Nikki Haley quits as America's UN ambassador
U.N. Ambassador Nikki Haley is leaving the administration at the end of the year, she and President Donald Trump announced Tuesday. She gave no reason for her departure after two years, though there has been speculation she will return to government or politics at some point.
"No, I'm not running in 2020'' for president, she joked. She said she would be supporting Trump.
Haley said she and Trump together had "solved a lot of problems. They spoke in the Oval Office, shortly after word came of her plans to resign.
Trump called Haley a "very special'' person, adding that she told him six months ago that she might want to take some time off.
It's the latest shake-up in the turbulent Trump administration just weeks before the November midterm elections. Haley's resignation was a closely guarded secret. Congressional Republicans involved in foreign policy matters and some key U.S. allies did not get advance word from Haley or the White House.
Haley, who is speculated to hold aspirations for higher office, said at the White House: "No I'm not running in 2020.''
Haley, 46, was appointed to the U.N. post in November 2016 and last month co-ordinated Trump's second trip to the United Nations, including his first time chairing the Security Council.
A rookie to international politics, the former South Carolina governor was an unusual pick for to be U.N. envoy.
"It was a blessing to go into the U.N. every day with body armour,'' Haley said, saying her job was to defend America on the world stage.
Successor to be named by end of month: Trump
At the U.N., Haley helped spearhead the Trump administration's efforts to combat what it alleged to be anti-American and anti-Israel actions by the international body.
Trump said he was considering many candidates for Haley's job and that a successor would be named in two to three weeks.
Last month Haley wrote an op-ed article in The Washington Post discussing her policy disagreements but also her pride in working for Trump. It came in response to an anonymous essay in The New York Times by a senior administration official that alleged there to be a secret "resistance'' effort from the right in Trump's administration and that there were internal discussions of invoking the 25th amendment to remove him from office.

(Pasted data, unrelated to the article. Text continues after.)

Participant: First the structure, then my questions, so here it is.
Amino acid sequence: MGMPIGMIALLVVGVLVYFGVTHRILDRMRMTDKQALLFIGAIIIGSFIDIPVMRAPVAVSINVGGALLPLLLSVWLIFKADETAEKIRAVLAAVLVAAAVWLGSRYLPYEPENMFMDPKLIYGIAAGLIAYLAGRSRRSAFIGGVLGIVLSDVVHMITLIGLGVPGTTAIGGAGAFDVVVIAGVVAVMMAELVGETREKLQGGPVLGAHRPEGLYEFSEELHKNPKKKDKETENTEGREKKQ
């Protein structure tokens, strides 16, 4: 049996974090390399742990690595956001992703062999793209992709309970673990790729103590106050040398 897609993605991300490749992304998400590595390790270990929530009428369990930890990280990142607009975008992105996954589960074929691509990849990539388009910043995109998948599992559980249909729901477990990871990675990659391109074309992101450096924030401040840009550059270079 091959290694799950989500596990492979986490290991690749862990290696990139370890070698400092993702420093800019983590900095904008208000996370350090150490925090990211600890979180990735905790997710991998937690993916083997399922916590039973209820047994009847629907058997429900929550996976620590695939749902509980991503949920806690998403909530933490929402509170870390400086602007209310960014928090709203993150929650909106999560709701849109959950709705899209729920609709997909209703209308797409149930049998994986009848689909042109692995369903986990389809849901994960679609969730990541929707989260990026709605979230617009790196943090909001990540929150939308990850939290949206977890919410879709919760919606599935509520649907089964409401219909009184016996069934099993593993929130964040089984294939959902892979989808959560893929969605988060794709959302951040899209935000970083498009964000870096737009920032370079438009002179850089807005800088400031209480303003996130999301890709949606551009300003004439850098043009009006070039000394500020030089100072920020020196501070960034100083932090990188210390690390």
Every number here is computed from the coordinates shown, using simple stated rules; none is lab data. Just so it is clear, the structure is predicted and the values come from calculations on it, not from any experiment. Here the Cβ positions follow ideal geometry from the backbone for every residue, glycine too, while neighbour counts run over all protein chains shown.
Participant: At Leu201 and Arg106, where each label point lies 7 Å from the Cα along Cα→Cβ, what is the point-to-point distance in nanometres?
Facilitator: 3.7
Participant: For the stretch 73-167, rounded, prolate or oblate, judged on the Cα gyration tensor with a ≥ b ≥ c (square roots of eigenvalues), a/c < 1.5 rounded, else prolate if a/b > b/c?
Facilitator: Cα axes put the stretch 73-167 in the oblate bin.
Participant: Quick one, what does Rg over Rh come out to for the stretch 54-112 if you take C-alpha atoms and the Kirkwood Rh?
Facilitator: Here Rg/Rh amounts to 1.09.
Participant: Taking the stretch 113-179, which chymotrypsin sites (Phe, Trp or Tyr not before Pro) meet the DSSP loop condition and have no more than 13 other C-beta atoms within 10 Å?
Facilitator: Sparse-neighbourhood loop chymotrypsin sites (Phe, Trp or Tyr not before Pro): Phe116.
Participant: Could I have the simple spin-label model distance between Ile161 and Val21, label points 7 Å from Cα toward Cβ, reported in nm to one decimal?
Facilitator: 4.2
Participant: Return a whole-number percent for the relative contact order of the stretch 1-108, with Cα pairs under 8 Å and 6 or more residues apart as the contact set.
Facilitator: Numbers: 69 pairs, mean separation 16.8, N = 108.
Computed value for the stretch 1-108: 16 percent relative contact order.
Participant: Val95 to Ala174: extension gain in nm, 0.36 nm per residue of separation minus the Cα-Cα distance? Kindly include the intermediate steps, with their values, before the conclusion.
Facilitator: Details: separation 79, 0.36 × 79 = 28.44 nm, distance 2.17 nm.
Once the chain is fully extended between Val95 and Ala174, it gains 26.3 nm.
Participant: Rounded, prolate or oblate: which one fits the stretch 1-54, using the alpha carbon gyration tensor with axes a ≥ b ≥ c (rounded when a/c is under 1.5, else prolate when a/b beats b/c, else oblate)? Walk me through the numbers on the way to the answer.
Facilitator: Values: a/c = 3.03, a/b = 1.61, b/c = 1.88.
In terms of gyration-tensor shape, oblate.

"I proudly serve in this administration, and I enthusiastically support most of its decisions and the direction it is taking the country,'' Haley wrote. "But I don't agree with the president on everything.''
The daughter of Indian immigrants, Haley clashed with then-candidate Trump during the 2016 campaign, denouncing "the siren call of the angriest voices'' who disrespected America's immigrants. Trump tweeted that "the people of South Carolina are embarrassed by Nikki Haley.''
"Before she was named by Trump to her U.N. post, Haley was elected the first female governor of South Carolina. She was re-elected in 2014.
South Carolina Republican Sen. Lindsey Graham, a close Trump ally tweeted that Haley "has a very bright future and will be a key player in both the future of the Republican Party and our nation as a whole for years to come.''
As governor, she developed a national reputation as a racial conciliator who led the charge to bring down the Confederate flag at the Statehouse and helped guide the state through one of its darkest moments, the massacre at a black church.
Notable firings and departures from Trump's White House
• Oct. 9: Trump announces U.N. Ambassador Nikki Haley's resignation, effective at end of the year.
• Aug. 29: Trump announces that White House Counsel Don McGahn would leave sometime in the fall.
• July 5: Environmental Protection Agency Administrator Scott Pruitt
• June 5: Communications aide Kelly Sadler
• April 12: Deputy national security adviser Ricky Waddell
• April 11: Deputy national security adviser Nadia Schadlow
• April 10: Homeland security adviser Tom Bossert
• March 28: Veterans Affairs Secretary David Shulkin
• March 22: National security adviser H.R. McMaster
• March 13: Secretary of State Rex Tillerson
• March 12: Special assistant and personal aide to the president John McEntee
• March 6: Economic adviser Gary Cohn
• Feb. 28: Communications director Hope Hicks
• Feb. 7: Staff secretary Rob Porter
• Dec. 13, 2017: Communications director for the White House Office of Public Liaison Omarosa Manigault Newman
• Dec. 8, 2017: Deputy national security adviser Dina Powell
• Sept. 29, 2017: Health and Human Services Secretary Tom Price
• Aug. 25, 2017: National security aide Sebastian Gorka
• Aug. 18, 2017: Chief strategist Steve Bannon
• July 31, 2017: Communications director Anthony Scaramucci
• July 28, 2017: Chief of staff Reince Priebus
• July 21, 2017: Press secretary Sean Spicer
• May 30, 2017: Communications director Michael Dubke
• May 9, 2017: FBI Director James Comey
• March 30, 2017: Deputy chief of staff Katie Walsh
• Feb. 13, 2017: National security adviser Michael Flynn